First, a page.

Back on the road we found that the roads had improved a little from the Mozambique side, still dirt and corrugated, but smoother and we were able to drive faster.
|The road on the other side of the Mozambique- Tanzania border; a bit better!|
Our first stop was Lindi, a small fishing town on the Southern Tanzanian coast. We arrived as it was getting dark so had to choose accommodation fast, opting for Adela Guesthouse, not as cheap as they have it listed in Lonely Planet, but still ok at $30pn including breakfast. It was a bit late to go exploring the town so we decided to eat in with a choice of chicken or fish and rice or chips. We all opted for the fish.
|Better than it looks in the photo. My fish with beans, vegetables and rice. It was|
the healthiest thing I'd eaten in about three days and enjoyed
Our first night in a new country also meant sampling the local beers and Tanzania has a lot. I tried a couple, Serengeti and Kilimanjaro, picking the later as my beer of choice.
|Beer of choice in Tanzania|
|The weary travellers: Me, Monika, Martin and Mike (L-R)|
The next day we had a look around Lindi which was quite nice and in hindsight we should have stayed another night. Instead we brought a pack of cashews for the bargain price of $3 for around 300gms and went our separate way from Monika and Martin for the first time in a week, heading north while they headed south.
Our next stop was Kilwa Masoko, which Lonely Planet had labelled as “a sleepy coastal town” and the “springboard” for visiting the local Kilwa Kisiwani ruins. Sounded like the perfect place for another night’s stopover before heading to Dar. However it wasn’t meant to be; the town wasn’t that nice and the accommodation was extortion, including camping! In the end we stayed at what was truly one of the most horrible guesthouses ever, so bad I can’t even remember the name. But it did cost us only around $12 for the room which was cheaper than the $20 we would have paid for camping. Go figure! Food was also an issue with no nice places to eat and neither of us game enough to eat the street food after seeing a dude chopping at a hoof of sorts to go into something, not sure what. Thus, we enjoyed a dinner of yoghurt, crackers, fruit and chocolate :-)
|What $12 will buy you in Kilwa Masoko|
|Plus the luxury bathroom!|
|And the very accurate description of the feel to the town |
itself. We laughed at this sign hanging in our room!
The next day given there wasn't anything to stay for in Kilwa Masoko, we left early for Dar es Salaam.
The road to Dar wasn’t too bad, actually quite good for the most. There was around 50km of pretty bad road which left us wondering how a car that wasn’t 4wd would get through, but we saw sedans along the way so they must have got through somehow. The other bad part about the road was the number of villages along the way that we had to slow down to 50km for; in some cases the villages seemingly only consisted of 2-3 huts, not really what I would qualify as a “village” but that’s just me. And man, do they love their speed bumps! Out of control, but I digress…..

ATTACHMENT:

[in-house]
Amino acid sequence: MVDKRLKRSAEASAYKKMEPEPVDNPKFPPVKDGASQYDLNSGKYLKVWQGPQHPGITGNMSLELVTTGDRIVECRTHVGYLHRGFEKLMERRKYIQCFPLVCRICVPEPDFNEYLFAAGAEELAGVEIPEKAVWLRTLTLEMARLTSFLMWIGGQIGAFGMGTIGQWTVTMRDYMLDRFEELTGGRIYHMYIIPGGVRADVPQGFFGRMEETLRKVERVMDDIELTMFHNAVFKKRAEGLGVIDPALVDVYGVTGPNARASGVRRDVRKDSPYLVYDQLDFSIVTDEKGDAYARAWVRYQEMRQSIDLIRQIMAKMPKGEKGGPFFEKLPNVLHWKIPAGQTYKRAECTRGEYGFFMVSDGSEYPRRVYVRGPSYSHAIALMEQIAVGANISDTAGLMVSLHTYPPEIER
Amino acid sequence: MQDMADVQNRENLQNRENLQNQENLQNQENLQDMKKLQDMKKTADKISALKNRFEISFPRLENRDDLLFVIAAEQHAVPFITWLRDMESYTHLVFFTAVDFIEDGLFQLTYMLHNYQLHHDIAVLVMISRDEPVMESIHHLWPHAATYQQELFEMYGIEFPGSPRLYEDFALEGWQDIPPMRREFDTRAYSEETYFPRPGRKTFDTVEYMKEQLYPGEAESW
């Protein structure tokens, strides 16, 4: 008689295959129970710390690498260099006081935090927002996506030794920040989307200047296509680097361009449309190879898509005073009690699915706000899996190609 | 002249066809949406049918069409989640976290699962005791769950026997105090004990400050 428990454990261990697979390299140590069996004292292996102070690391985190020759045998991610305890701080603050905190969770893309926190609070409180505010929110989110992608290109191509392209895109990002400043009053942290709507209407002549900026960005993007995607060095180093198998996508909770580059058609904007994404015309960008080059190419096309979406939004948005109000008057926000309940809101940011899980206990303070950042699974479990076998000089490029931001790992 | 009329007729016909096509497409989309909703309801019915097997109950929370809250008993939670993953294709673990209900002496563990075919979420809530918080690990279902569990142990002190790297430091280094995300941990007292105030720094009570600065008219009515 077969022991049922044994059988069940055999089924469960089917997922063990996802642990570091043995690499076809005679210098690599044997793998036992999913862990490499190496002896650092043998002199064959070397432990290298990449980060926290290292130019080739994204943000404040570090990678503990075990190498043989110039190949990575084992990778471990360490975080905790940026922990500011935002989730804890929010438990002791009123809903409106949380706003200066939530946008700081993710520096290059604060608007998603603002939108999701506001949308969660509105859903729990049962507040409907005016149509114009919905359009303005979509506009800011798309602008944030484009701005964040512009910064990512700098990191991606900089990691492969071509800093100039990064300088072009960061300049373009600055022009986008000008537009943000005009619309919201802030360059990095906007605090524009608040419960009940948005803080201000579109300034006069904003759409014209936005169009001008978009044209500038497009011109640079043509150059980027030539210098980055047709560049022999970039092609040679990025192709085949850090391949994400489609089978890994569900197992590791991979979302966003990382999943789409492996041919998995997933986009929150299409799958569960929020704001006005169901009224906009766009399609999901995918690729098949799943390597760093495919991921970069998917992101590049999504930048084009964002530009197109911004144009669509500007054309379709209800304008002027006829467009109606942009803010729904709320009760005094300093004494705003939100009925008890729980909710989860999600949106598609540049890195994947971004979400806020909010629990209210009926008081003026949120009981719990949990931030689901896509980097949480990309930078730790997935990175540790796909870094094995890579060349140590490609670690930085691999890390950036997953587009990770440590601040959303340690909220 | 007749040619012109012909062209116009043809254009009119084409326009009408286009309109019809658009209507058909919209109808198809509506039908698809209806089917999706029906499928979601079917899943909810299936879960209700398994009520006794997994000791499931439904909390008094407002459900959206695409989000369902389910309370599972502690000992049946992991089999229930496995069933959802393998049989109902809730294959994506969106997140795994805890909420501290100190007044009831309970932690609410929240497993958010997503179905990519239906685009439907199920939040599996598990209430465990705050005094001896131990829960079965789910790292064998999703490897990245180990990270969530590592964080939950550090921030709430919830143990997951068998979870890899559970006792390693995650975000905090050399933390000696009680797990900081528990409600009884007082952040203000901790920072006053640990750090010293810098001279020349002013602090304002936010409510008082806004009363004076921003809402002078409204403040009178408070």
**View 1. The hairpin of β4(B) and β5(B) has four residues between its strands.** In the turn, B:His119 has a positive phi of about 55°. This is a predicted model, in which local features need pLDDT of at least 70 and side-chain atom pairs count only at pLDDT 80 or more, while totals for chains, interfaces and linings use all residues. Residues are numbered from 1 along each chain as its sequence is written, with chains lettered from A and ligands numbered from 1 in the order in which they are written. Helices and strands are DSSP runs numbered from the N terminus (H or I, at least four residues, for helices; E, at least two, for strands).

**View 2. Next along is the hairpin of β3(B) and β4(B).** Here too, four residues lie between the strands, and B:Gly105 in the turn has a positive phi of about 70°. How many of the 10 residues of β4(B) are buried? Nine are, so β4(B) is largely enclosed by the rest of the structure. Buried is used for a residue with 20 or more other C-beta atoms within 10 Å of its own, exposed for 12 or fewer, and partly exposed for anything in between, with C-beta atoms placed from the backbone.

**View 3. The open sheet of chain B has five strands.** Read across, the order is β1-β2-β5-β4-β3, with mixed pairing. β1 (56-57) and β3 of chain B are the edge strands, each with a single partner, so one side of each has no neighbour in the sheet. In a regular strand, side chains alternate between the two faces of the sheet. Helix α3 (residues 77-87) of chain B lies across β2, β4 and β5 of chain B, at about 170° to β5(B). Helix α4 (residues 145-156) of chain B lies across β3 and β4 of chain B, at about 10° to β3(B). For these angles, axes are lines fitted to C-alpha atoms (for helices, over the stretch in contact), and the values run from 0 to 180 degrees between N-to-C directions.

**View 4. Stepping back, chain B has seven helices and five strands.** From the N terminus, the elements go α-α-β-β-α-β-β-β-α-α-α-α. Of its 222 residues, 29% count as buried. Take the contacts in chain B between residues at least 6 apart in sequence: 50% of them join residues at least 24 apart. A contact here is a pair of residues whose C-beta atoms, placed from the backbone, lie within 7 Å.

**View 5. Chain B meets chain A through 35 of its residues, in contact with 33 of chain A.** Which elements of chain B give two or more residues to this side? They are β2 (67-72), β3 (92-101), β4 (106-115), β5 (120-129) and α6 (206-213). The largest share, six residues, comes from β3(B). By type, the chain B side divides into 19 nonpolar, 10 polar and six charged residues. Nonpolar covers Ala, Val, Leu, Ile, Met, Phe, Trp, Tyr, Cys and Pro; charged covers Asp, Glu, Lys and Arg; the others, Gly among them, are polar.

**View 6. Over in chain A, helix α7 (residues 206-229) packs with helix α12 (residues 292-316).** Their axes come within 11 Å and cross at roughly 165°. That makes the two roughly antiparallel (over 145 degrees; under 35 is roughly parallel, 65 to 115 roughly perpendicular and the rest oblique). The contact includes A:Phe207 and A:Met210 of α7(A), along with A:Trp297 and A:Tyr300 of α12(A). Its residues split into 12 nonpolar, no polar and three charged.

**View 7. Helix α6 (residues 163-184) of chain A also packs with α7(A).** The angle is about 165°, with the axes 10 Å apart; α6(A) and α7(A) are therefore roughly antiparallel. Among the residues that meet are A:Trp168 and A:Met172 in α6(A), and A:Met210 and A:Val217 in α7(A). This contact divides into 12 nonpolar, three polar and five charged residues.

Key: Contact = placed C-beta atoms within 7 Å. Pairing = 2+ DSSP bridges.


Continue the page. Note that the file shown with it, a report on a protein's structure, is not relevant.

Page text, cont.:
|The road to Dar es Salaam, or at least the worst 50km of the drive|
As we approached Dar the traffic got a bit crazier and the roads a bit dustier, but nothing like what we had expected, quite tame really. We thought that maybe it was that way because it was a Sunday, however I have to say that during all of our time in Dar, the traffic, while busy, wasn’t that bad. Organised chaos! The biggest hindrance to the traffic was the police who seemed to think they were doing a better job than the traffic lights, overriding them and causing major traffic jams. If we were sitting in traffic jam we could guarantee there was an incompetent police officer at the end. Yes, guarantee!
|The road heading into Dar es Salaam|
In Dar we stayed at Sofia House Hotel, located in the city area and known to us through a recommendation from Zully, our mechanic in Lusaka. Tawfiq, the manager of Sophia House, immediately helped us to settle in, organising a room for a very good price of $45 a night (including air-con, hot shower, ceiling fan, free wi-fi and free laundry!!) and giving us some tips of places to go around Dar.
We didn’t do a great deal of touristy things in Dar; mostly we just wondered around the city to get a feel for it. Dar has a great energy about it and although we had a lot of warnings and had been told a number of stories about petty crime in Dar, we felt very safe. Maybe we were just lucky, but although a bit smelly in parts, it was an ok city. And the market next to Sofia House was fantastic providing us with a huge range of summer fruits, cheap cashews and the tastiest apples I think I’ve ever had.
|The view from our hotel room balcony|
|The market next door.....|
|...and a closer view|
|Looking across from the market, including the mosque which had us awake at|
5:30am every morning for call to prayer
|The buildings of Dar|
We made a couple of trips out to Oyster Bay, a suburb of Dar and what we termed as the “muzungu” area of Dar, providing us with tasty food including seafood on the pier (The Slipway) and good sushi.
|Lunch on the pier. My choice was grilled king fish with vegetables....|
|.....while Mike enjoyed fried calamari with chips and salad|
|The view at lunch, not too shabby!|
|View of large cargo ships new Dar port|
After a few days of exploring Dar and enjoying the benefits of a big city we decided it was time to head to Zanzibar, one of the places I was most excited about visiting on our trip!